- Emergency Consultation Services
- FMG BlogLine
By: Tia Combs
The Eleventh Circuit recently weighed in on how the Family Medical Leave Act (“FMLA”) and state law workers compensation schemes interact in Ramji v. Hospital Housekeeping Systems, LLC, No. 19-13461, 2021 WL 1257247 (11th Cir. April 6, 2021). In doing so, the Court reinforced that workers compensation is not a substitute for FMLA.
The Plaintiff, Ramji, was a housekeeper at a hospital in Snellville, Georgia for over eleven years. In 2013, her job was subsumed by Hospital Housekeeping when it took over cleaning responsibilities at her hospital.
In late 2016, Ramji suffered a knee injury when she tripped as she was getting ready to clock out for her shift. Hospital Housekeeping handled the injury as a workers compensation issue. Ramji received some treatment, including a cortisone shot just over a week after the accident and a recommendation for physical therapy. Eight days after the accident, Ramji was released to light duty and accepted a light duty position with Hospital Housekeeping.
However, before Ramji could start her light duty assignment, she was forced to complete a fitness for duty test (the Essential Skills Test or “EST”). As Ramji was attempting the EST, she complained that her knee was beginning to hurt and that she could not complete the test. She requested to use sick time to fully recover and retake the test at a later date. Her request was denied and, after Hospital Housekeeping docked her for a couple of old infractions in addition to the failure of the EST, Ramji was fired. Now out of a job and unable to get needed treatment, Ramji sought out a workers compensation attorney. Her case settled for further medical treatment and reinstatement.
Ramji then filed this case for interference with her FMLA rights. While Hospital Housekeeping did win summary judgment at the district court, the Eleventh Circuit has reversed that holding and, in the process, given employers some helpful insights on how workers compensation and FMLA interact.
Initially, the Eleventh Circuit held that while Ramji had not expressly requested FMLA leave, she still had given notice to Hospital Housekeeping that she needed it. The Court pointed to the oversight of the workers’ compensation program by Hospital Housekeeping which mandated that Ramji’s supervisor accompany her to medical treatment appointments, the company’s receipt of her workers compensation forms detailing her injury, and the company’s notice of her time off work for the injury.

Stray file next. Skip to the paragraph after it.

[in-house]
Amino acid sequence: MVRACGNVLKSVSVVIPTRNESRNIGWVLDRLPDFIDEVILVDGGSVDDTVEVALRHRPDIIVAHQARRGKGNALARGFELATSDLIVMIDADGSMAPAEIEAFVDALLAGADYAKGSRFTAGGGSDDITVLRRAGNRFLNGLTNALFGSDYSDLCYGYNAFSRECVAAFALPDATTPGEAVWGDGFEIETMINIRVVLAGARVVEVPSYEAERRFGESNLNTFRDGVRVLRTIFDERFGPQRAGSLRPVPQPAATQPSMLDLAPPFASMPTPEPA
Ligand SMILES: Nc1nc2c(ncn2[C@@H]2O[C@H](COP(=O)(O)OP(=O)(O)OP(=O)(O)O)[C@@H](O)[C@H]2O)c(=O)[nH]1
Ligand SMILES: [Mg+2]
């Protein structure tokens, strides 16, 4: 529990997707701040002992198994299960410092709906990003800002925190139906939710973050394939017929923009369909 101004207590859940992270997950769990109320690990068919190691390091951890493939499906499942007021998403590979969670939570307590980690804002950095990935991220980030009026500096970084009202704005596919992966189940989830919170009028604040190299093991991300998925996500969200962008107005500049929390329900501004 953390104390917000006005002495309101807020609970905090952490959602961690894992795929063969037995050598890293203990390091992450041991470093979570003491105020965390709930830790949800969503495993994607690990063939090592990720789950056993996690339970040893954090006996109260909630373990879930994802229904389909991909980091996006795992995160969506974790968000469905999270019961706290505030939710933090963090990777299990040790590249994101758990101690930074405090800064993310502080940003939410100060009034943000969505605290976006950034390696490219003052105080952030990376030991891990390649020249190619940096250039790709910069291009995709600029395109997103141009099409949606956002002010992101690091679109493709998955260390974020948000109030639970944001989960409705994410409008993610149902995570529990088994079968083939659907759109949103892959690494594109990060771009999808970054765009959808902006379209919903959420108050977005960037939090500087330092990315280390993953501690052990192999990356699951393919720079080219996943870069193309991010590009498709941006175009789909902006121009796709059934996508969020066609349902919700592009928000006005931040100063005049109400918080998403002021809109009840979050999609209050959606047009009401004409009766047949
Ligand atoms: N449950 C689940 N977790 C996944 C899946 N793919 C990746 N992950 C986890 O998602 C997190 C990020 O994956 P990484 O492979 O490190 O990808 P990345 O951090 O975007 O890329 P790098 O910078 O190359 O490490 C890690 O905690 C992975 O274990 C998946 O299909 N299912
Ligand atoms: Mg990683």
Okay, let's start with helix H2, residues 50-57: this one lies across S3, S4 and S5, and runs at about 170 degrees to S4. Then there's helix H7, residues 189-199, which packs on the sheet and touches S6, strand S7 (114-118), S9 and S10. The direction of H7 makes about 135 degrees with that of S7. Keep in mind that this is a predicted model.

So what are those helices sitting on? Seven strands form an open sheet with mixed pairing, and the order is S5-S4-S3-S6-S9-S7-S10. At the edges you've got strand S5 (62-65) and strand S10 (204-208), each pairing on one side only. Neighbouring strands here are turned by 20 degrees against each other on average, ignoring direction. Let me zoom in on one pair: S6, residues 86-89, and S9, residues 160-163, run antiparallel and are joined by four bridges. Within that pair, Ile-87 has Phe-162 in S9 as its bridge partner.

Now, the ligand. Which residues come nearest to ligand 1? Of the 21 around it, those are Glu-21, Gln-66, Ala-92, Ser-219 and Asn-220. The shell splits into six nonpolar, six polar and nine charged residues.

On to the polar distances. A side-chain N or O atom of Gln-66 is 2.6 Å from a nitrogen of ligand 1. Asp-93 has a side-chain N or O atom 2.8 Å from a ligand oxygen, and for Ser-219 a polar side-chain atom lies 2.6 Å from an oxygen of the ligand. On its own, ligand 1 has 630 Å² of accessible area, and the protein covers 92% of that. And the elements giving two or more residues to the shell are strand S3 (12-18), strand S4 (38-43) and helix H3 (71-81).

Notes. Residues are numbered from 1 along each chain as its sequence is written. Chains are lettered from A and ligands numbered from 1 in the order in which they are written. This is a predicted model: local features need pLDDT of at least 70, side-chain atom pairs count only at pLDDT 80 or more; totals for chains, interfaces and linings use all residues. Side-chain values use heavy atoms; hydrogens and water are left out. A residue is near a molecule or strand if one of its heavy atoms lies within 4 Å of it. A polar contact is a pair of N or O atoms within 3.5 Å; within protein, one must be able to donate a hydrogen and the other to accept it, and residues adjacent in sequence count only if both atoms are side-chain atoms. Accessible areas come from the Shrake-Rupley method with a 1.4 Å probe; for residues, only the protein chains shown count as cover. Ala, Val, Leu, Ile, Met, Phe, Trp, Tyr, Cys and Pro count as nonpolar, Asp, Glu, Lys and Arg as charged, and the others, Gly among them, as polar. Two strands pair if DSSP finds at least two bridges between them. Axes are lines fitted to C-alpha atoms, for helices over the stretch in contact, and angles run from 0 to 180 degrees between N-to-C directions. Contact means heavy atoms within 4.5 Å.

Then, the Court turned its attention to whether Ramji had been denied a benefit due under FMLA. The Court noted that Hospital Housekeeping should have had notice of Ramji’s possible entitlement to FMLA benefits when the company received her workers compensation forms and provided her with eligibility notice at that time. Hospital Housekeeping attempted to argue that Ramji was not entitled to notice of her FMLA rights as the matter was handled through workers compensation and Ramji accepted a light duty assignment. The Eleventh Circuit was not impressed with these arguments. The Court pointed out that FMLA itself gives employers the option of running FMLA and workers compensation concurrently; clearly demonstrating that workers compensation benefits do not preclude FMLA. The Eleventh Circuit similarly noted that FMLA also states that a job with reasonable accommodations does not preclude FMLA entitlement. The Court held that Hospital Housekeeping’s arguments were squarely contradicted by the FMLA.
Finally, Hospital Housekeeping argued that Ramji was not harmed by a denial of FMLA leave as her full treatment record showed that she did not reach full recovery within the twelve weeks she could have received under the Act. However, the Court noted that if Ramji had received a full and uninterrupted twelve weeks of recovery, she might have had a quicker recovery and been ready to return to work in twelve weeks or less. The Court held this was an issue of material fact preventing Hospital Housekeeping from preserving its district court summary judgment.
So, what lessons can employers glean from this case:
For more information about this topic, please contact Tia Combs at [email protected].